(LC Score: +1) 


Time to take a break from the scary and weird and visit Thirkell’s Barsetshire! These books (#7 through #10 in the series) see the arrival of World War II in the little villages of Barsetshire, but mostly life goes on as always. I was going through these like potato chips, but one of the problems with Thirkell’s world is its inherent conservatism. She mostly plays it for laughs in the guise of old-fashioned British country squires and their ridiculous antics, but the books clearly celebrate that old-fashioned world which (in real life, if not in these novels) ultimately leads to racism, sexism, and — especially as the war goes on both in the author’s and the characters’ world — some nasty classism, which is not amusing or adorable in any way. I still love these books, but once I hit a couple of “he’s not really our kind, is he?” comments I needed to take a break.

(LC Score: 0, off my own shelves)


Bel Lamington by D.E. Stevenson

Stevenson is another writer of WWII-era adorableness (see both the Miss Buncle and Mrs. Tim series). This one is a later novel about a lonely but sweet secretary in 1961 London who ultimately finds friendship and love. A pleasant and quick read.

(LC Score: +1)


Buried for Pleasure by Edmund Crispin

Gervase Fen, Oxford professor, takes a break from professoring to run for a seat in Parliament and (of course) solves a couple of murders along the way. Not my favorite Fen, but a fun read nonetheless.

(LC Score: 0, Kindle)


One of my adventures so far this summer has been driving the eldest child up to his summer internship in Omaha, Nebraska. (ROAD TRIP!!!) It was a great opportunity to finally check out some audiobooks from my library. Years ago I was an Audible subscriber, but lately I’ve been more of a podcast gal. Once I installed the Libby app, however, borrowing audiobooks on my phone became super easy. I picked these three to listen to in part because the audiobook versions have the “bonus” content of guest readers, including Seth Myers on Amy Poehler’s book, Nick Offerman (as George Washington) on Sarah Vowell’s book, and an assortment of costars on Cary Elwes’s book. All three were great road trip choices and now I’m searching through the catalog for more options when I have to go up again in August to fetch the kid. (NOTE: Since these audiobooks were checked out from the library, Library Chicken HQ has determined that they absolutely count in the Library Chicken score.)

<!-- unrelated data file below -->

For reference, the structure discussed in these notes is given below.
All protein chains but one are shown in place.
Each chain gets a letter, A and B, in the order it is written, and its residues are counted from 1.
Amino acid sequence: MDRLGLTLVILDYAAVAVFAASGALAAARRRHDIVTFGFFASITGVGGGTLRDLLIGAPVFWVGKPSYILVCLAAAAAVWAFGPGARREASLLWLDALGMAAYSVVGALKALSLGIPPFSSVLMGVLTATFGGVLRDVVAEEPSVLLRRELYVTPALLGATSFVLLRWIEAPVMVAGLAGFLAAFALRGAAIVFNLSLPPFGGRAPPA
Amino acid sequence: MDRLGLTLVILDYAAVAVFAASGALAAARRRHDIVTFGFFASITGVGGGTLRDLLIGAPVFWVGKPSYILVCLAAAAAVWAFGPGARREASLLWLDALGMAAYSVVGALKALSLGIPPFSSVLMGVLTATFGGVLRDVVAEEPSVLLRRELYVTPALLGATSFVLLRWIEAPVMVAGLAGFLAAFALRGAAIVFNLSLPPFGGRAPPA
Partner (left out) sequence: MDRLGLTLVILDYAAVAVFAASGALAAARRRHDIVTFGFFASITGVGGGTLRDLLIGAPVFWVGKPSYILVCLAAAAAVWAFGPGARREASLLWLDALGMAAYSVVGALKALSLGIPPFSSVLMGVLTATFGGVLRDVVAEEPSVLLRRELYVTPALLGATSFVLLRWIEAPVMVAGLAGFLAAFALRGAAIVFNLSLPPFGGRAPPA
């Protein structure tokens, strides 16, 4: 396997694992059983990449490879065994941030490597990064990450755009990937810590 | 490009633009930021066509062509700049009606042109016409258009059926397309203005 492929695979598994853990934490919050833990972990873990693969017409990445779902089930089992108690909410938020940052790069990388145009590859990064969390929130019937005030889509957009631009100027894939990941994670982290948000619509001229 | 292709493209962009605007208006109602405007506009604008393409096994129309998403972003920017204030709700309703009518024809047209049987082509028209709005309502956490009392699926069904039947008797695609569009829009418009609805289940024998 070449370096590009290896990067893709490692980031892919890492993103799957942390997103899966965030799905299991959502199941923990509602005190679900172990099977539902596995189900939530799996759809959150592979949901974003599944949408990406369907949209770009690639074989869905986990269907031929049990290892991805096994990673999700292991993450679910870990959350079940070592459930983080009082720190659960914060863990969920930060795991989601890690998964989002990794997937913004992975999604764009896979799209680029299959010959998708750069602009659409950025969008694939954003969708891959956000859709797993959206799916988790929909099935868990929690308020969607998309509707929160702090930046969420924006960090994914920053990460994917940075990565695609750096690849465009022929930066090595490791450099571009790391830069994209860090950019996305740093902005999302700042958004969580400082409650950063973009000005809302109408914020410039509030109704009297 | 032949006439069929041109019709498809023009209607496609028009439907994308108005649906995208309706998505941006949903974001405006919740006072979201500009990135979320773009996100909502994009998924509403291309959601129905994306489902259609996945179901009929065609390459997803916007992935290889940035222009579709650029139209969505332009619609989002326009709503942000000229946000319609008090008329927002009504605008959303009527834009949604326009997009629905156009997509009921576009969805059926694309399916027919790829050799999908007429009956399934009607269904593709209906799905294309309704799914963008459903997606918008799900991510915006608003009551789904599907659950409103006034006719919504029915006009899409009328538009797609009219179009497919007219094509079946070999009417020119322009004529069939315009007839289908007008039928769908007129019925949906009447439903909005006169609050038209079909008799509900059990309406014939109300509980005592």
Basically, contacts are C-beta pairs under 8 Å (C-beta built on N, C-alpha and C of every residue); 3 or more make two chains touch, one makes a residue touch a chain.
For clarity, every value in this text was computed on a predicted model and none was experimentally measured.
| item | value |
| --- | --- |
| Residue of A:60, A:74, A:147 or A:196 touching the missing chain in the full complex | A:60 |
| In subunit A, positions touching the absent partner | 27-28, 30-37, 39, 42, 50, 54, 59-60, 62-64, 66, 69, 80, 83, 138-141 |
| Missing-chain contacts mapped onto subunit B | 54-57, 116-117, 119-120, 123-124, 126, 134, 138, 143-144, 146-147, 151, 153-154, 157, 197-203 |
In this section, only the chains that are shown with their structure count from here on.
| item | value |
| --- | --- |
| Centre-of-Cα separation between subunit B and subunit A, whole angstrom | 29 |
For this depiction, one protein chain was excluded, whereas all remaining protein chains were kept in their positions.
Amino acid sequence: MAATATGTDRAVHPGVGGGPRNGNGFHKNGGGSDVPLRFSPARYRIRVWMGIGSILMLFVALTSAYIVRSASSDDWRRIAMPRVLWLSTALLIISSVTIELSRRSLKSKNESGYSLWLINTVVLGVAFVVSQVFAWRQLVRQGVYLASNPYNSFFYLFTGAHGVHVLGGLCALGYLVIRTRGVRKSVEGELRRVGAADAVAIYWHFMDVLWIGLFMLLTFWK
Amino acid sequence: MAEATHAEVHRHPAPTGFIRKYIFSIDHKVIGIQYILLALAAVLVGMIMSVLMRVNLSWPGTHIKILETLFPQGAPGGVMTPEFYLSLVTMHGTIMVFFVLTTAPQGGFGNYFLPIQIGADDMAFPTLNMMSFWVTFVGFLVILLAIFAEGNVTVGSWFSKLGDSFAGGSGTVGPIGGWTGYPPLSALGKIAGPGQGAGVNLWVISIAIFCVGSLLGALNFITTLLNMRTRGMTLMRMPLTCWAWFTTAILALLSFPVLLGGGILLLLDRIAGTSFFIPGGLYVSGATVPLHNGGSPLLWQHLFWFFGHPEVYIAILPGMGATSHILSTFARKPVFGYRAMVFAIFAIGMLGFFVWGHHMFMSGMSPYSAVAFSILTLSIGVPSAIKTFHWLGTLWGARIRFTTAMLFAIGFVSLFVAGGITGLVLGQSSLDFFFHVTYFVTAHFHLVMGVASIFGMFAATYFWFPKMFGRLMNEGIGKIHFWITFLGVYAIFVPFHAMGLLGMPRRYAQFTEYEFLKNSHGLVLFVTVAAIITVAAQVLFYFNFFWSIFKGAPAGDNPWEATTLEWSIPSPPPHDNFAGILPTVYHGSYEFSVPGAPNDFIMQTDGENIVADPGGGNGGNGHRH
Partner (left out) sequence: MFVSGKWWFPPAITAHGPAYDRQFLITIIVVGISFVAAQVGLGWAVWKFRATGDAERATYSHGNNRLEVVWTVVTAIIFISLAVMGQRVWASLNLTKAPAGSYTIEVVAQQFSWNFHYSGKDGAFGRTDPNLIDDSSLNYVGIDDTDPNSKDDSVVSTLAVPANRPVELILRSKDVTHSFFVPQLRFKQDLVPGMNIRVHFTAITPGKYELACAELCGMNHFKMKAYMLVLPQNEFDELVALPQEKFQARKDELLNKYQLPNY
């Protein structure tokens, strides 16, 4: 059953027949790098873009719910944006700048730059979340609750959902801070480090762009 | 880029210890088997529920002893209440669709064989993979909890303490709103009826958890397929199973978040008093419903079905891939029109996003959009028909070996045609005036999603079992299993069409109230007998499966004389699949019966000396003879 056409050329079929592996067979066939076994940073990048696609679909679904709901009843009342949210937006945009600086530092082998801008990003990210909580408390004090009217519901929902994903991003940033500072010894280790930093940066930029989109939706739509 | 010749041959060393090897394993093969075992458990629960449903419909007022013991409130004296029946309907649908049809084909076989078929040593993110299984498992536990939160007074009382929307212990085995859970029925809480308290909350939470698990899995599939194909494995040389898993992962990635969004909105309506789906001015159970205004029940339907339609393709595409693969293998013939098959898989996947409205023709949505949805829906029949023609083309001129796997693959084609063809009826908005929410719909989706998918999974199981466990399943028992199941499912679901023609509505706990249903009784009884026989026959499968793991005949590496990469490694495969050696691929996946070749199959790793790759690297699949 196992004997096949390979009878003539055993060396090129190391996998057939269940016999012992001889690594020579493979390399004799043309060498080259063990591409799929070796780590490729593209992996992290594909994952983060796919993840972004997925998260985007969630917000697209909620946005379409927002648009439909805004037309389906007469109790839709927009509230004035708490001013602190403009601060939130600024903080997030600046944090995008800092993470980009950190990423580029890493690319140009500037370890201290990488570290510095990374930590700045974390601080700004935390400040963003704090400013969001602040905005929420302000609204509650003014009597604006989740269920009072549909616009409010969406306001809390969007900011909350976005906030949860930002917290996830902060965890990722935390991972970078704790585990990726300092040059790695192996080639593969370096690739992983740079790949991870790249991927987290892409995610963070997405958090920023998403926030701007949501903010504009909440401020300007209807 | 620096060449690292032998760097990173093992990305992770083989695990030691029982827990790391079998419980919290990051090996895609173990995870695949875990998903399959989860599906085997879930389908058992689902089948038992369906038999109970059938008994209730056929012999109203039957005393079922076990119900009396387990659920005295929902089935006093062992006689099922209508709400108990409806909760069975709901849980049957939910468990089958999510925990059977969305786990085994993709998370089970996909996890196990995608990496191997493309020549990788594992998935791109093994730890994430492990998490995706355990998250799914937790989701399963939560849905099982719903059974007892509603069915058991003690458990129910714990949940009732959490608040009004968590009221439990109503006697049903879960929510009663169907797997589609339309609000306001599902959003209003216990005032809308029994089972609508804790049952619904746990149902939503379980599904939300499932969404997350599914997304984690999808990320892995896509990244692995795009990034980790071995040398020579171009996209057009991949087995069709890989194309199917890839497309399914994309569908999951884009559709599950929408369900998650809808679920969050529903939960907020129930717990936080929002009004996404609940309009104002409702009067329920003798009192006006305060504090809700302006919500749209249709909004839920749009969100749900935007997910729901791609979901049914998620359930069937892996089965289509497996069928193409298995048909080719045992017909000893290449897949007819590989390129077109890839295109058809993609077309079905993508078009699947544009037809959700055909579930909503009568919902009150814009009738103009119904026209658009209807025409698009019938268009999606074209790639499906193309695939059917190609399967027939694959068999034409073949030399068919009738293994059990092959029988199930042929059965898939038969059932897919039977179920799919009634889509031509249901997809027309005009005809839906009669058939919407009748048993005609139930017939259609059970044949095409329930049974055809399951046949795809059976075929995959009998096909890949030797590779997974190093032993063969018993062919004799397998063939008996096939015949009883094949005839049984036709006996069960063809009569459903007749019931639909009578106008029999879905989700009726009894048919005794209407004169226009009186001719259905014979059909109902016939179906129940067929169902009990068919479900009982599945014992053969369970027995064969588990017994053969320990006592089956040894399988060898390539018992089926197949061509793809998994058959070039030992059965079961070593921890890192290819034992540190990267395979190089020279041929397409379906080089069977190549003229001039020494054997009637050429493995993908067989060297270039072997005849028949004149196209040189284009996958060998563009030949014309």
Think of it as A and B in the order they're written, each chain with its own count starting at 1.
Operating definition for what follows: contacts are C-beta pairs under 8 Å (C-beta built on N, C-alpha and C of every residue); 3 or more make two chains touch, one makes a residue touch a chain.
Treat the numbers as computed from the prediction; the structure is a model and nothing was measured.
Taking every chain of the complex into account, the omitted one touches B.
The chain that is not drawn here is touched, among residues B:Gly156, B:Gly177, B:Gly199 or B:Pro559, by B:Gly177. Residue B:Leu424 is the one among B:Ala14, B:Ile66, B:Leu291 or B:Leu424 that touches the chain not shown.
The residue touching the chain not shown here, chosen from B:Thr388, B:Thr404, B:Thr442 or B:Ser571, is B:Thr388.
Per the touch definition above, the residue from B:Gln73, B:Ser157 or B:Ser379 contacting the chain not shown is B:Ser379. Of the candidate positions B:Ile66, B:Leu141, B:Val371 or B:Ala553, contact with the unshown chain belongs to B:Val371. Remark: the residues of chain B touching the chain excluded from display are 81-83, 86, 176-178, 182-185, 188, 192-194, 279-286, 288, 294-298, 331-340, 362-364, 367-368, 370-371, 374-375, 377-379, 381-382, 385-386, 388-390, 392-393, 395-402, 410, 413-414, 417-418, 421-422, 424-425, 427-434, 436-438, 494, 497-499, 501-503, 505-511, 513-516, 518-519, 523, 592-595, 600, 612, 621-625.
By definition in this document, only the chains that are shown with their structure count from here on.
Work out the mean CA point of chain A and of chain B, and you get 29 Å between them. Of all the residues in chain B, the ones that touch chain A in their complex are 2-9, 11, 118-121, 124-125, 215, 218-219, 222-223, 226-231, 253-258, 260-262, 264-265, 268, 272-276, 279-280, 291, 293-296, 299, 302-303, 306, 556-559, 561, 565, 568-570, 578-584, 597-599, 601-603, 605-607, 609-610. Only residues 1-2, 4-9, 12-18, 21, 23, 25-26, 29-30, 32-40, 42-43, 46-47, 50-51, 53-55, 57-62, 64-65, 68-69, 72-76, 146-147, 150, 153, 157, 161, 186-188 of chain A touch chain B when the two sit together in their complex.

(LC Score: +3)


Playing Dead: A Journey Through the World of Death Fraud by Elizabeth Greenwood

Why yes, I would like to read a book about people faking their own deaths! The topic is fascinating; the narrator less so. Greenwood’s conceit as she explores the hows and whys of death fraud is that after running up six figures in school loan debt she’s tempted to fake her own death to get away from it all. I found that framing device a little annoying, but the actual stories are interesting.

(LC Score: +1)


Arctic Labyrinth: The Quest for the Northwest Passage by Glyn Williams

Are you watching The Terror yet? Did Ciaran Hinds (aka Sir John Franklin) get eaten by the SNOW MONSTER? Unfortunately, there are no SNOW MONSTERS in Williams’s solid overview of the history of European exploration in search of the Northwest Passage. There is cannibalism and plenty of scurvy, though, so you know I’m a fan. If I could make one request of Mr. Williams it would be to give your poor reader MORE MAPS. Arctic Circle geography is not my strong point. (Nor was it Sir John Franklin’s, apparently. Sorry, Ciaran.)

(LC Score: +1)


  • Returned Unread: LC Score: -10 (YOU ARE NOT THE BOSS OF ME, TO-READ PILE.)
  • Library Chicken Score for 6/5/18: -2
  • Running Score: -24 ½ 

 

On the to-read/still-reading stack for next week:


More Library Chicken

Stuff We Like :: 6.8.18

Stuff We Like :: 6.8.18

Read All About It: Exploring the Oregon Trail Through Literature

Read All About It: Exploring the Oregon Trail Through Literature